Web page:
Sahail Ashraf posted on 28 August 2018
Live video. Where Facebook used to own the space, there are now plenty of other ways to use live video effectively as a brand. But how important is it, still? If there was no chance of ever doing a live video again, would it mean the end of the world?
No, it wouldn’t be that disastrous, but it would affect everyone’s business. It’s important to consider live video as a marketing tool as much as you can, because when it is done right, you have a very powerful and effective marketing tool.
So reviewing your live video experiences makes sense for every brand out there right now. But just shooting whatever you can doesn’t work. Here’s what does.
We know, live video is real time, right? But imagine how much more effective your live video will be if it is ted into a real-life event. Like a football game, or a forum you’re attending. This makes everything much more fun and ‘real’.
Don’t underestimate the benefits of streaming from something that matters to an audience. If your audience wants to be at a special business seminar in another country, and you happen to be going, shoot some live video during the process. You’ll be surprised how popular that live video can become.
The key here is the fact that the live stuff is best unscripted. Believe it or not, some brands use scripts for live videos. This is a good thing if the people involved in the video are not comfortable (normally) on camera. A script anchors the action, and ensures the video gets done. But people do want unpredictability, they crave to see stuff that just ‘happens’.
If you look at live video from a citizen’s point of view (as opposed to the point of view of a brand that is thinking commercially), they use live video to have fun. And this means finding everyday happenings that are surprising, and then making a quick, in-the-moment video. If you can capture this spirit with a live event, you’re onto a winner.
Like all things social, if you don’t know your audience with live video you’re looking to fail. This is especially true with time zones. Sure, if your audience is located in one country only, as in you’re very local, this doesn’t apply to you. But if you have coverage across the world (and the Internet has kind of made that an easy thing to do) you really need to be thinking about when people go to sleep.
If your audience is asleep when you go live, they can’t watch it. Does this mean making more than one live video? Well, in a way, yes. If you’re crossing the globe with your business anyway, you’ll surely have people marketing to different countries. Use them to create live video. If it does not work out, it doesn’t work out. But if you don’t try, you’re missing chunks of your audience.
We mean the platform. There is sometimes a huge variance in the platforms that you can use, and this can mean a completely different experience. Going back to the part where we asked if you knew if your audience was able to see your content because of timezone constrictions, using Instagram Live is better. The live video stays as ‘live video’ for 24 hours here, and has marks and tags that tell you this. If you are more international than national, it makes sense to create videos that have more chance of being seen by everyone.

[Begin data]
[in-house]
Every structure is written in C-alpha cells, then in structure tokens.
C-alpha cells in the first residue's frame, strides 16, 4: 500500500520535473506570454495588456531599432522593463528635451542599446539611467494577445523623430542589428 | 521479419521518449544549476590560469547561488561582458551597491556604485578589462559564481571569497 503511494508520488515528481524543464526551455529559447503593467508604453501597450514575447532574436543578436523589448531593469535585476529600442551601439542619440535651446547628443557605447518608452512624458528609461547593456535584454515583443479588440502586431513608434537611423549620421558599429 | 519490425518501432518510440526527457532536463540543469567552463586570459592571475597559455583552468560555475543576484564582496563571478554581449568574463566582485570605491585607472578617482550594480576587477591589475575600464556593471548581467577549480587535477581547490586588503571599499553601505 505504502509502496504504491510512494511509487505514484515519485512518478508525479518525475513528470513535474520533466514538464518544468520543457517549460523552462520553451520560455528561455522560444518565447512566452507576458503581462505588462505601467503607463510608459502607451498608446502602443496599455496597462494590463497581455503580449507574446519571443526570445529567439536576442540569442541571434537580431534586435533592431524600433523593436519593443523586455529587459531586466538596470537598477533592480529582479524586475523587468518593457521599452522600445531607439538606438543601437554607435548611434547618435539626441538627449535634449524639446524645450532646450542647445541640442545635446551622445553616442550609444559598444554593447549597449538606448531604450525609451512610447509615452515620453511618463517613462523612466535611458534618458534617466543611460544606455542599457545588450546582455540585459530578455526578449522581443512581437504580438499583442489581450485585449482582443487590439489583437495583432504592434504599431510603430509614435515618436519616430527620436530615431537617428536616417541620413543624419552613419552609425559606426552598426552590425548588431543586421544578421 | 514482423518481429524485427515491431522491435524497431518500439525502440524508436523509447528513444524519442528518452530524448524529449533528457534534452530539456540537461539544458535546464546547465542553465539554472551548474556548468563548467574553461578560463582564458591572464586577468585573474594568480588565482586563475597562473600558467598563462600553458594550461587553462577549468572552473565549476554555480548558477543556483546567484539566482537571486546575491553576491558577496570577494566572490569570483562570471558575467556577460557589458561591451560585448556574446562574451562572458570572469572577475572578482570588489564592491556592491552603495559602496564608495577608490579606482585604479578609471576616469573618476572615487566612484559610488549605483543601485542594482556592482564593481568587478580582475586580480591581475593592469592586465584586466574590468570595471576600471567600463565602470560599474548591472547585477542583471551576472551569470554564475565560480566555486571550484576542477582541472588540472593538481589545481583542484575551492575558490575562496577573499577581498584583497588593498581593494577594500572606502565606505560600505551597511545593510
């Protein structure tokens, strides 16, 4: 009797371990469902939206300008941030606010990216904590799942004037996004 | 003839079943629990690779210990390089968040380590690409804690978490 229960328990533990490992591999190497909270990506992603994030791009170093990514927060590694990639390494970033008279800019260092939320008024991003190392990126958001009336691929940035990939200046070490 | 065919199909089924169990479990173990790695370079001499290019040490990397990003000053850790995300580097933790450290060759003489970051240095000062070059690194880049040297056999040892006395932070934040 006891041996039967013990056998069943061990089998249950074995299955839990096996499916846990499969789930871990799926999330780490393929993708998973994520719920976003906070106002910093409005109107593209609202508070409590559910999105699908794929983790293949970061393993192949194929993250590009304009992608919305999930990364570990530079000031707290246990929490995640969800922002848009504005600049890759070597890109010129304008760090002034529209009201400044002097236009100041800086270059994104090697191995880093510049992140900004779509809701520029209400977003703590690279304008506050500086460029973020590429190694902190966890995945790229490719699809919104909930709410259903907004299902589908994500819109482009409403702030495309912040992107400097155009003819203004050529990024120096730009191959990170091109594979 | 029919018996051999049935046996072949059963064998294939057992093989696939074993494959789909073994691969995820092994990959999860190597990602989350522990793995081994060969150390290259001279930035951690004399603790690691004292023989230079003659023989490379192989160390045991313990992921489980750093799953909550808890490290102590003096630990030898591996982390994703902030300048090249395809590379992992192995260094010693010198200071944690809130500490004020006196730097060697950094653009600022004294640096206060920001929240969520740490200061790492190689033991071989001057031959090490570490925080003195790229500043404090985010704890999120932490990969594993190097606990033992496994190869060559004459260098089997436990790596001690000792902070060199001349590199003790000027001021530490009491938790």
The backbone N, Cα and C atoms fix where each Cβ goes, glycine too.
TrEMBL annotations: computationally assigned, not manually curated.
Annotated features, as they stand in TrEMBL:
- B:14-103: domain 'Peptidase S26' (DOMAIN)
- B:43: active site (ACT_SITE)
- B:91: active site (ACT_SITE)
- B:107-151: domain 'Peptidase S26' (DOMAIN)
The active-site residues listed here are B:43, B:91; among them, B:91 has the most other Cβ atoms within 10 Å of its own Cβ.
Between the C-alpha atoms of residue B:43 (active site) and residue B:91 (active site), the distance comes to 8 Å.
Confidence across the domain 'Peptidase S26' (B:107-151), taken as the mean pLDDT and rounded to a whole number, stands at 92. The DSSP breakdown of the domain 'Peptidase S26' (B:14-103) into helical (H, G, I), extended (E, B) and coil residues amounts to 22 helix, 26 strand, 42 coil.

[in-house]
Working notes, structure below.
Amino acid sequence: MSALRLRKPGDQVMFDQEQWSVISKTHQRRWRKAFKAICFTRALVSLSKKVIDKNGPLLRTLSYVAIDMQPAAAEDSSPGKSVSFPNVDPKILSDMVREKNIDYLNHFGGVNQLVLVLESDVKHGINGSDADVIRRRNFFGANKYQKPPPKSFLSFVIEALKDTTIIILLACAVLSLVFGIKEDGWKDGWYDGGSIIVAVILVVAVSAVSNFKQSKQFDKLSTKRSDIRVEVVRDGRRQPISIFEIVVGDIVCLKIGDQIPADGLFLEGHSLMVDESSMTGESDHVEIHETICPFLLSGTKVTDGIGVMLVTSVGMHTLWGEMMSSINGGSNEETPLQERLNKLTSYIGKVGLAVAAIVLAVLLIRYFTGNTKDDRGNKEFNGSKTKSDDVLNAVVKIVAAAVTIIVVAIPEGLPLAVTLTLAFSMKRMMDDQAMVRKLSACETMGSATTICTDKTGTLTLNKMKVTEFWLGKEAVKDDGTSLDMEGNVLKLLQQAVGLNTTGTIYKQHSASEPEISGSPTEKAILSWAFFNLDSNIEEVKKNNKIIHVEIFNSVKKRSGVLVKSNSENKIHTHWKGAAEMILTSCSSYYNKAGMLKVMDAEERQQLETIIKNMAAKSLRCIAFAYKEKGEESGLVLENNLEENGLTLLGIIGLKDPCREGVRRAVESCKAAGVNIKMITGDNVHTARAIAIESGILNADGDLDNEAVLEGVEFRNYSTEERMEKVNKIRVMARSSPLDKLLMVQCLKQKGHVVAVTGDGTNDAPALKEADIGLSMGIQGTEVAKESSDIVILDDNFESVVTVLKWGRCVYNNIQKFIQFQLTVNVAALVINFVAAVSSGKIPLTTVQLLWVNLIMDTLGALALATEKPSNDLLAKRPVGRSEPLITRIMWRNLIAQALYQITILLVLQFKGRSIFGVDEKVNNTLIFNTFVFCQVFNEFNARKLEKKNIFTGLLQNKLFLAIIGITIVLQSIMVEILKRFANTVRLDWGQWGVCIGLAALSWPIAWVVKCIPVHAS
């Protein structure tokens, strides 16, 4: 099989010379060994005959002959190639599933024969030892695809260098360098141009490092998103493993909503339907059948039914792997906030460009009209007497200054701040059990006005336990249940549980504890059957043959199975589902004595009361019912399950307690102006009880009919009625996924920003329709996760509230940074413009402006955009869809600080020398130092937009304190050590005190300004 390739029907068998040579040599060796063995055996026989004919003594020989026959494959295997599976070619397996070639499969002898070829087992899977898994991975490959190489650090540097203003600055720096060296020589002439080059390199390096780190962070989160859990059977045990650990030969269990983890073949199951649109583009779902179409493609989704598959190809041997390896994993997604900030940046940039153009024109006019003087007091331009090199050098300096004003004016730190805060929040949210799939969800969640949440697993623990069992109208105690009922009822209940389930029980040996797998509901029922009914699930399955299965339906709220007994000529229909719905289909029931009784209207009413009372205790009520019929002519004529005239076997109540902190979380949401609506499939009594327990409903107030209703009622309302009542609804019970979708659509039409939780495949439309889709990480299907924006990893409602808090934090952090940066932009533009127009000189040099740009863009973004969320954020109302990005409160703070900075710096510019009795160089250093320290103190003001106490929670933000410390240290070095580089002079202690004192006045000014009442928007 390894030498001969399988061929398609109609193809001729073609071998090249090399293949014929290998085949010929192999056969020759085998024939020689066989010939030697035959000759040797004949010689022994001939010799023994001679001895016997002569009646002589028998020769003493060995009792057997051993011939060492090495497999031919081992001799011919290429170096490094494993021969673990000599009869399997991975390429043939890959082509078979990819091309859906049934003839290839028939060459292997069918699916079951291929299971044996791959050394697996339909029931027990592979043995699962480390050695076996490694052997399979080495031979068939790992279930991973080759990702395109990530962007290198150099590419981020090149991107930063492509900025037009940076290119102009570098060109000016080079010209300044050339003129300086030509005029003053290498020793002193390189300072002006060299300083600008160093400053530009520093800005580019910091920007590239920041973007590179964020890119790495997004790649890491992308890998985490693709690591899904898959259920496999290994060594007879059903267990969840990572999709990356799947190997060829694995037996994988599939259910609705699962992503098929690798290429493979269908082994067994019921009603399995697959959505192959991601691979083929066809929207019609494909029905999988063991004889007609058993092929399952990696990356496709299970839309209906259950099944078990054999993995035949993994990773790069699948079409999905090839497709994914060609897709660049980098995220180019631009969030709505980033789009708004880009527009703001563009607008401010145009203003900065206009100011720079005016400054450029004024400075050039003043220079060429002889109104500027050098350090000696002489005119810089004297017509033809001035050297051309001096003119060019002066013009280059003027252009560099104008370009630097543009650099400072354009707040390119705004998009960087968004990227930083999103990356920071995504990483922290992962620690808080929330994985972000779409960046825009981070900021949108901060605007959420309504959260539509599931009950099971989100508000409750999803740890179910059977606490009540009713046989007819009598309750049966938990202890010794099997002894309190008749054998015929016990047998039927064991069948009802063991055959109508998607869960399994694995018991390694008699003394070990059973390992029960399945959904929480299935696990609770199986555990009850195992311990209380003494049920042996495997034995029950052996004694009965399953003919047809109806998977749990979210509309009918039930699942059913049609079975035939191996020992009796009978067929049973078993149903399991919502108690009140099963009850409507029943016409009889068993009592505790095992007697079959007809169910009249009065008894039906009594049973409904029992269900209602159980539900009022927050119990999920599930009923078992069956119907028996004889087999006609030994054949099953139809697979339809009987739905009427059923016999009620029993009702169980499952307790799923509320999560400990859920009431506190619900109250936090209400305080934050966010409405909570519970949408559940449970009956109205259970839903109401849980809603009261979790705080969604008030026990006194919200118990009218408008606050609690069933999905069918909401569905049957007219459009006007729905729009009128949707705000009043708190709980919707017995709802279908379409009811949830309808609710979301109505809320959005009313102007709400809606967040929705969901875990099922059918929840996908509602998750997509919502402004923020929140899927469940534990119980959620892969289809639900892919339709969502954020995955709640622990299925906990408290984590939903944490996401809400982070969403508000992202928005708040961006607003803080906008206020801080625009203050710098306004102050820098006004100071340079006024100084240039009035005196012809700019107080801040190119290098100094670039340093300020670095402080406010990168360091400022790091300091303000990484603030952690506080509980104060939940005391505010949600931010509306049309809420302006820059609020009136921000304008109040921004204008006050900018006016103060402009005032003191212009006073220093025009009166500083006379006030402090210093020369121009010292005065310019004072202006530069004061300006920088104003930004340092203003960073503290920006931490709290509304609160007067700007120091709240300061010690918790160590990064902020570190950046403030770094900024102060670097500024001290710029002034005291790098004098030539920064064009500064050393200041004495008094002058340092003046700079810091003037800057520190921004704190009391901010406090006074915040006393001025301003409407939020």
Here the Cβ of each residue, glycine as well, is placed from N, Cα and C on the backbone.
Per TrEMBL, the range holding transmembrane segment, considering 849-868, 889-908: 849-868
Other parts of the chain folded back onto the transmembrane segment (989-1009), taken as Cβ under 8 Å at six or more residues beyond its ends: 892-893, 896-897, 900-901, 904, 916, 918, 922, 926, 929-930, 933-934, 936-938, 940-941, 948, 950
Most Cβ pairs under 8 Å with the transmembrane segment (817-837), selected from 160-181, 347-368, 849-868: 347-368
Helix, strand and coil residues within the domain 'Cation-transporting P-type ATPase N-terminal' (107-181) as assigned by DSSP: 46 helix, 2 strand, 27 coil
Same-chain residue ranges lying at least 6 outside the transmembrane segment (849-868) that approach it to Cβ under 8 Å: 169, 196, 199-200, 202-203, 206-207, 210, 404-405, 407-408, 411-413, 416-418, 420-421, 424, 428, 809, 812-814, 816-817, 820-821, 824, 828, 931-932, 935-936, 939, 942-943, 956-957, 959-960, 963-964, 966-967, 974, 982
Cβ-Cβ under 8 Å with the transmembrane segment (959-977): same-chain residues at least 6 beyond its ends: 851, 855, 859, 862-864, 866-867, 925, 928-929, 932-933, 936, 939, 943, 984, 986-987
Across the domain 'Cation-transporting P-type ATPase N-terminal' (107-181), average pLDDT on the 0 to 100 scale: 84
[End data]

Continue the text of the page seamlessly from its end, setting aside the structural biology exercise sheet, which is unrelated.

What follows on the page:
Twitter is best for real-time stuff because the audience is one that expects quick and in-the-moment content. If it doesn’t have it, it’s not relevant. Brands sometimes have the whole day on Twitter, and build in live-streaming because they know that the audience will most likely stay on for the full day. The instant and unscripted nature of live streaming makes huge sense on that platform.
Get to know your platforms better. Focus on the platforms that make most sense with your style of content and the time issue. Once you’ve managed to pick out the most suitable platforms for your live video message, you’ve cracked it.
Looking at the problematic nature of live video, it all depends on Internet connection speed. Your audience could be in a remote place, or just a place that doesn’t have great Internet. If this is the case, the buffering required to watch your video could be a massive issue. Think about this and work out whether or not the live video thing is a viable option for your brand.
A spell of poor quality sound could be an issue also. If your live videos, for whatever reason, have patch sound, you’re going to lose engagement. And not investing in high quality equipment, for example, is an easy way to make this happen.
Bear this in mind, Experiment with the tech you use and keep in touch with your audience. If there are problems, it makes more sense to tackle them immediately.
This is what gets most brands annoyed. There is no real way to monetise live video on the platforms themselves. The only way you’re going to be able to monetise what you do is through conversations that should be resulting from your live video work. If people see your video and go to your website and buy, they’re worth it. The problem is that so many brands expect overnight success.
It takes time to think about a live video idea and to implement it. If your brand is fully aware that the best it can do is direct people to your website, you don’t have a problem. If they are not aware, expect it to crash and burn very quickly.
Take a look at the concepts here and make an informed decision about live video. It may actually not be for your brand. And if it isn’t, it’s worth knowing sooner rather than later.
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